Fault Lines: Our Generation Should Look Beyond – By Valentine O. Ogunaka @naijamatta
“Oya were ni”, a Yoruba man had rasped at his daughter, realizing she was dating an ‘Omo Igbo’. Also I have witnessed an Igbo mother mercilessly beat her teenage son because he had invited his ‘ofe manu’ friend to their home. Unconscionable, aren’t they? Yet these scenarios of ethnic fringes play into our daily lives such that it is perceived as ‘haram’ for Chukwudi to marry Fatima.
This piece was actually inspired by the heedless controversies trailing Chinua Achebe’s “There was a Country”. Enough have been written though; this is my first foray into the matter. I muted all the while because I didn’t deem it fit to fault the personal account of someone who was, indeed, part and parcel of the Biafran war. Besides, I believe memories are very subjective owing to how Chimamanda Adichie had put it: “We remember differently…”
Reacting to Achebe’s new book, commentaries have been starkly tendered with bigotry; the ethnic disease of biasness, invectives and intellectual barbarism. You read through them and discover that tribalism has become not only a scourge but an acute embarrassment to our collective struggle for change. I wonder why the authors whom I expect to be dispassionate in their writings—considering their prolific standing and measureless experiences in national business—have further deepened the fault lines.
Of course, the war of words between the Awoists and Acheberians will lead us nowhere. It only replicates the aftermath of the first electoral dispute in Nigeria in February 1941, which is the tribalization of media. I had learnt that Zik’s West African Pilot and the Egbe Omo Oduduwa’s Daily Services fiercely attacked each other. According to Coleman, “at local height of the tension…” the Igbos warned that “all personal attacks on Azikwe would be considered attacks upon the Igbo nation.” This was amidst ongoing press wars.
Just as in the case stated, most commentators, perceivably Yoruba, have lambasted Achebe not essentially on the ground that he inopportunely stirred up the hornets’ nest, but because the octogenarian has in his diatribe memoir, called Awolowo a ‘villain.’
It becomes very unfortunate that our generation is being brainwashed into the unfounded realm of ethnic intolerance. Someone had said the Igbo are greedy and undeserving. Another had bickered that Yoruba is an existential threat to Igbo political interest, referencing the famous 1952 ‘carpet crossing’ incident in the Western House of Assembly. And I couldn’t help but laugh it off when a friend beckoned and whispered to me: “Why are Hausas and Igbos like cats and dogs?”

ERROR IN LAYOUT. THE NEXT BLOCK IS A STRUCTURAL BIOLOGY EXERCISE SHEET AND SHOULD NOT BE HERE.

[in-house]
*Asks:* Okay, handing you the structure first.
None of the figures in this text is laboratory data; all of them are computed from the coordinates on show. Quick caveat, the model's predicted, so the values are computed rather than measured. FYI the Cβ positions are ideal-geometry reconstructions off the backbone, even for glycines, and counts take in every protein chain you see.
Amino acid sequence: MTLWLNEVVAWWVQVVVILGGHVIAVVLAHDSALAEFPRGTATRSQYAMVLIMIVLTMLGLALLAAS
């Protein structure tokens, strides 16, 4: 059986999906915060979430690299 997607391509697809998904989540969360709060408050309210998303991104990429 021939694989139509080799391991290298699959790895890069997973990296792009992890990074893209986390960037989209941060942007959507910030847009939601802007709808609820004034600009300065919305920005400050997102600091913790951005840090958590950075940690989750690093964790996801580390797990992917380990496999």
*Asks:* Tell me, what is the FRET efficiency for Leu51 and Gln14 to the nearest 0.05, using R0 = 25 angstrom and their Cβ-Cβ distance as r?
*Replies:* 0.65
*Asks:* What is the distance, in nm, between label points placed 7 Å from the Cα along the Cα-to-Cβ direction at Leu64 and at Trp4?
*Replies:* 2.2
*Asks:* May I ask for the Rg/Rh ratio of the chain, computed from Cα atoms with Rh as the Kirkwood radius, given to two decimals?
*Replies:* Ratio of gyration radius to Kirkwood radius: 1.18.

I did my high school in the north and I think I was the only ‘Igbo boy’ in the class. Did I ever complain of being ostracized? No. My classmates who were mostly Hausas and Fulanis deemed me as they should—just another Nigerian! And till this moment; amid all the crises, bombings and perceived religious provocations, we get in touch. Isn’t that fair? That is because we understand, because we look beyond the fault lines.
Beyond the 1964 hullabaloo, the coup and countercoup of 1966, the pogroms that followed and the Biafran civil war lies a greater future. It is true that we cannot disregard history especially as vital lessons can be drawn from it. In this vein, history for all its quintessence is a direct challenge to futuristic affairs. But it becomes a problem when we deride its lessons and transfer penalties. Of all the legacies handed by our foremost nationalists, I wonder why we choose ethnocracy ahead of patriotism. It makes me think we are sick.
In context, tribal hatred which has snowballed from the past and entrenched in our generation will disinherit us from the good things of life, like peace. I strongly hold that it will continue to be a ferocious challenge to the idea of unity in diversity.
Now do not expect me to ride through the rigmarole of reviewing “There was a Country”. I might vacillate and end up taking sides, involuntarily. But we must understand that the book is a memoir and memoirs do not essentially match up with history books. I can prove they are sometimes oscillated between the line of facts and fiction.
However, to look beyond the fault lines, let our generation embrace logic and destroy the rabid intolerance in tribal character. Chinua Achebe has lived his own life and has told his story. That was his generation. Without doubt he has ruptured old wounds; we have every right not to lick or stitch them. Let the healthy atmosphere we create with our sense of oneness dry them up. I look forward to how we can reintegrate, find a selfless leader and lift this very nation, Nigeria, beyond the fault lines!
Valentine Ogunaka writes from Abuja. Follow him on twitter: @naijamatta
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